Last month, Bayer AG announced a revised $2 billion plan to settle future claims that the glyphosate-based herbicide, Roundup, the pharmaceutical giant inherited when it acquired Monsanto in 2018, causes cancer.
Because of the fact that people who join the class must have already developed cancer to receive compensation, this excluding condition may in effect leave out thousands of migrant agricultural workers, a subset of people that are among the most frequently exposed to glyphosate.
VTdigger.com, a Vermont-based news site, interviewed Will Lambek, an organizer for the activist group Migrant Justice, a Burlington-based non-profit. Lambek said, “It would be very likely that anybody who does get sick because of the accumulation of toxins in their system [from Roundup] would be in their country of origin by the time they start presenting with symptoms.”
University of Vermont professor Bindu Panikkar told VTdigger.com that glyphosate and the other chemicals in the controversial herbicide have a long latency period. Therefore, she said, “It would probably take a number of years before you even find out that you have cancer.”
Lambek added, “If somebody is unable to work, they’re not going to stick around Vermont to try to get treatment.”
Incapable of earning an income, farm workers would be unable to remain in the state in which they were employed, be it Vermont, California, etc.
Bayer’s $2 billion settlement still needs to be approved by U.S. District Court Judge Vince Chhabria in San Francisco. No timeline has been set on Chhabria’s review of Bayer’s “plan B” settlement fund.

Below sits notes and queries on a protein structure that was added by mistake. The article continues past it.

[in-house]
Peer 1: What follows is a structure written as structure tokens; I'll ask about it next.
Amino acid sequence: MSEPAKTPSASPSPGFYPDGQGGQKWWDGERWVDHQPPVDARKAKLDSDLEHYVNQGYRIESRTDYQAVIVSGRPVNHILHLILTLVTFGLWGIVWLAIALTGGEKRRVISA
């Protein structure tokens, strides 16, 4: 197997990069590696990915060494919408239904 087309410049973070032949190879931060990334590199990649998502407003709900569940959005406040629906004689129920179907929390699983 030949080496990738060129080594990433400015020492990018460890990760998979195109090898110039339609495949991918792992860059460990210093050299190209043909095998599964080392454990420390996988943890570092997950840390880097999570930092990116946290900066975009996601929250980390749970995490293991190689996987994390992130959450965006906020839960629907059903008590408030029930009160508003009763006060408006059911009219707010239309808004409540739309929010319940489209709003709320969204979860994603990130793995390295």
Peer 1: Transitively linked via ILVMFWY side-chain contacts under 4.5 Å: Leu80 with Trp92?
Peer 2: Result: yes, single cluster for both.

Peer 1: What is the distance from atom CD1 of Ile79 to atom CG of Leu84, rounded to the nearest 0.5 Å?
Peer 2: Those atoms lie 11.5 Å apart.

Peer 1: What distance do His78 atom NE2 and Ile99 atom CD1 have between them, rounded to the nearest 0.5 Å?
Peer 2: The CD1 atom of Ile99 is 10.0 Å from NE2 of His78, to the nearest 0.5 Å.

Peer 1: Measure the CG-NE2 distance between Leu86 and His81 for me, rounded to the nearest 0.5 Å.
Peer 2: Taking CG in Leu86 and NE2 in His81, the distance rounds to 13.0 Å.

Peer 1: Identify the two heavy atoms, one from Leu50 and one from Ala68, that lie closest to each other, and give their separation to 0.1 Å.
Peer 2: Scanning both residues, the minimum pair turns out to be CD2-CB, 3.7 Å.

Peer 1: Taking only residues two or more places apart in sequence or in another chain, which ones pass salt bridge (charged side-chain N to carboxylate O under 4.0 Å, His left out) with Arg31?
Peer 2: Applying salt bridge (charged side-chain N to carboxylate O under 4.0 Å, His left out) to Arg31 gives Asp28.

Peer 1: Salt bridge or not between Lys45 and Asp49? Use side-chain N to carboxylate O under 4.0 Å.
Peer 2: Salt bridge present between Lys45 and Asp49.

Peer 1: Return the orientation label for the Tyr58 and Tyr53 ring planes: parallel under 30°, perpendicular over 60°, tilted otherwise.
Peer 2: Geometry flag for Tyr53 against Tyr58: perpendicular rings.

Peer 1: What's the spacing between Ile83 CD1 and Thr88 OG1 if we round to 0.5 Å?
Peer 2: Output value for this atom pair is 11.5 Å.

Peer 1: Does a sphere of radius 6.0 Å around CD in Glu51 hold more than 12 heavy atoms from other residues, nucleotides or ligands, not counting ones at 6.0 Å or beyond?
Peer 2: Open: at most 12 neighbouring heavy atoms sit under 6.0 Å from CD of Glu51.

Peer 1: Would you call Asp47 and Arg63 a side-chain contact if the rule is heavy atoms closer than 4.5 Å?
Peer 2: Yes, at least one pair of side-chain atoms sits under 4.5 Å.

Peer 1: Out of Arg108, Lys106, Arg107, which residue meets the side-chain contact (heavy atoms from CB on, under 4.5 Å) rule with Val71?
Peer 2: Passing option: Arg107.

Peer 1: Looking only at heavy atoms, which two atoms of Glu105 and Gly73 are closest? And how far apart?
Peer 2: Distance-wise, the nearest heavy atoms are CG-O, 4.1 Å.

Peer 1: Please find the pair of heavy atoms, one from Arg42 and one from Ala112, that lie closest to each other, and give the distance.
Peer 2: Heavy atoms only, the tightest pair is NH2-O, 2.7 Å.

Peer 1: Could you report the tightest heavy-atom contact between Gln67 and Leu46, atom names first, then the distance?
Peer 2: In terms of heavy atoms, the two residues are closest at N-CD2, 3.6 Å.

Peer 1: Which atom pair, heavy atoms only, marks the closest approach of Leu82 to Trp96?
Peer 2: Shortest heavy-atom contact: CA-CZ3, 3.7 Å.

Those who join the settlement class will receive between $5,000 and $200,000 in compensation over the next four years.
Bayer also promises to notify plaintiffs of settlement updates. However, many migrant workers come from rural areas in southern Mexico, and may not have any means of receiving communication about the settlement.
Should Bayer’s settlement plan be approved, other barriers to migrants receiving settlement money include the fact that plaintiffs must prove that their cancer was caused by glyphosate to a scientific panel. The panel’s findings wouldn’t be binding but may be influential in determining causation.
In addition, migrants may be skeptical about entering the court system for fear of deportation. Yet another concern is the language barrier; even if Bayer is promising to communicate with class members, will Spanish-speaking migrants be properly notified, especially if they return to their native country?
In June 2020, Bayer announced that for nearly $11 billion, it would settle the bulk of 125,000 Roundup claims that up to that point had already been filed. Plaintiffs, which have mostly been agricultural workers, landscapers, gardeners and farmers, have alleged that they developed a rare type of cancer, non-Hodgkin’s lymphoma, as a result of being exposed to Roundup. The claims also accuse Monsanto of failing to disclose the health risks associated with the weed-killing chemical that’s also an EPA-registered pesticide.